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Whitmer calls for expansion of the Great Start Readiness preschool program

Children in a classroom
Mercedes Mejia
Michigan Radio
More than 70% of charter school leaders surveyed expect to leave their schools in five years, according to a study by the Center on Reinventing Public Education.

Governor Gretchen Whitmer has called for a dramatic expansion of the Great Start Readiness preschool program. She rolled out a proposal Tuesday to use $405 million in state and federal funds to make the program available to every eligible four-year-old in Michigan.

“We have a unique opportunity right now to make the type of investments in early education and preschool that will pay massive dividends by improving health, educational, and social outcomes for our children decades down the line,” Whitmer said in a statement released by her office. “… As we put Michigan back to work, parents can go about their work day knowing that their children are learning in a safe and productive environment.”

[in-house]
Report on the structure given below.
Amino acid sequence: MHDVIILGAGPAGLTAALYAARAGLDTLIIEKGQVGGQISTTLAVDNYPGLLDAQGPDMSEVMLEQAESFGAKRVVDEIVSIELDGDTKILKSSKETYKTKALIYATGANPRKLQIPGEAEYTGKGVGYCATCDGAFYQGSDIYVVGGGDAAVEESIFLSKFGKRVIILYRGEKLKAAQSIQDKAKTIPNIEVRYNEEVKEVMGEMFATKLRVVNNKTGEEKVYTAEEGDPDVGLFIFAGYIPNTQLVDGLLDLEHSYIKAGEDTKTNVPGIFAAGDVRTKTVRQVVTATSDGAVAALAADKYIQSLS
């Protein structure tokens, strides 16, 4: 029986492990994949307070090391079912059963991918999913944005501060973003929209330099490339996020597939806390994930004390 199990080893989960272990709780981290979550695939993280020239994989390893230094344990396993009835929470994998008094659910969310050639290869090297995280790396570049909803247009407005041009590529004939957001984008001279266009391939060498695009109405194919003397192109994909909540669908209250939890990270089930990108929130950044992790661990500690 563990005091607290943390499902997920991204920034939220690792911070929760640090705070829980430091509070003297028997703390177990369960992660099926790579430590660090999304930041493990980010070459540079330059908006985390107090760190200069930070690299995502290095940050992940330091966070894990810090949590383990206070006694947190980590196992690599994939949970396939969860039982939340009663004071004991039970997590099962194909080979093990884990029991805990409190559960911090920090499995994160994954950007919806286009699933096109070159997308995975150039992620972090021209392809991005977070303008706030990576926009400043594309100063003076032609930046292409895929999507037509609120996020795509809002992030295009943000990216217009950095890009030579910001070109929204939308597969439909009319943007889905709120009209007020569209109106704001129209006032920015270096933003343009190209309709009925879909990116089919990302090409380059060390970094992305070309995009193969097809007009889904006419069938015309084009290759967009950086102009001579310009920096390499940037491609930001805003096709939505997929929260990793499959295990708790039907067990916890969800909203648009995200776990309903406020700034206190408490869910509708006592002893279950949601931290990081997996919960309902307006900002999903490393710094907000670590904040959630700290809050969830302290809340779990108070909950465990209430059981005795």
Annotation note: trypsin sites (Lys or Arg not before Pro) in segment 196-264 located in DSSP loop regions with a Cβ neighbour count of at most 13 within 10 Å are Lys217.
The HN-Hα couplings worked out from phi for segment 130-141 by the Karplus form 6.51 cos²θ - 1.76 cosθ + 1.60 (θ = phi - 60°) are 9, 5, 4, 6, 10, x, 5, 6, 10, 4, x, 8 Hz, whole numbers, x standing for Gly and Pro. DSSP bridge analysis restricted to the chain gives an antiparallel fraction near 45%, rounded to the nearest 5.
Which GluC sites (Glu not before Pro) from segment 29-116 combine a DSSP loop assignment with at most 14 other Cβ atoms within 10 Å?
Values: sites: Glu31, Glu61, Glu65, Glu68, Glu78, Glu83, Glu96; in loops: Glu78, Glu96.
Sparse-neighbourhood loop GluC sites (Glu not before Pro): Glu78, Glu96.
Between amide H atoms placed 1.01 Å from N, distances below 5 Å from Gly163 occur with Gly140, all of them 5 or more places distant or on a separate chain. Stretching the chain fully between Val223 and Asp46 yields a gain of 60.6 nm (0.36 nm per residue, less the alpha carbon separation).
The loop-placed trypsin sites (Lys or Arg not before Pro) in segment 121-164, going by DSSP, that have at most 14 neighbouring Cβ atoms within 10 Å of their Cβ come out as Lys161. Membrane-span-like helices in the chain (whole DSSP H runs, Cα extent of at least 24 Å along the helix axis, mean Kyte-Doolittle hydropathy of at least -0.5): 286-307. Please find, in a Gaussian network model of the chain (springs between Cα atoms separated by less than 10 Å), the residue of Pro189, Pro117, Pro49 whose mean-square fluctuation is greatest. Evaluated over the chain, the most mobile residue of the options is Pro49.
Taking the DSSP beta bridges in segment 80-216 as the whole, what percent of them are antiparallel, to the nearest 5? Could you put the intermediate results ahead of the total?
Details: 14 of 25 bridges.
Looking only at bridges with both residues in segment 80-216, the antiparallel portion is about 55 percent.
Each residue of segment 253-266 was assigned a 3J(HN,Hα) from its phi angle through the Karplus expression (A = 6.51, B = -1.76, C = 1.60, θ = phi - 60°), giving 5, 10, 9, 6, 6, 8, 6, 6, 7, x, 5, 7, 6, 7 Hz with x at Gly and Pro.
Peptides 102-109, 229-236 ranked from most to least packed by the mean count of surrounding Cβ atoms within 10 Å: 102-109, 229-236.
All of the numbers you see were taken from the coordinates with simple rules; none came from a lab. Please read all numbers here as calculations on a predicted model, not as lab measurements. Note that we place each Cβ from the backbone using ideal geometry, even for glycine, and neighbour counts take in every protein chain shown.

That was welcome news to Tami Mannes, the director of early childhood programs with the Ottawa Area Intermediate School District.

“I have in Ottawa County approximately 3,000 kids who would potentially be eligible for the Great Start Readiness Program,” she said. “Right now, I’m serving half of those kids.”

Statewide, about two-thirds of eligible kids are able to access Great Start.

There could be bipartisan support for this in the budget, which has to be approved by the Republican-controlled Legislature.

“We are grateful for the governor’s thoughtful proposal on this issue and we will be considering it in the budget process,” said Abi Walls, the press secretary for state Senate Majority Leader Mike Shirkey (R-Clarklake).

The Whitmer administration and the Legislature are in the process of bargaining over the state budget.

For the first three years, the cost of the expansion would be paid with a combination of state and federal funds. After that, it would have to be entirely funded by the state.

Rick Pluta is Senior Capitol Correspondent for the Michigan Public Radio Network. He has been covering Michigan’s Capitol, government, and politics since 1987.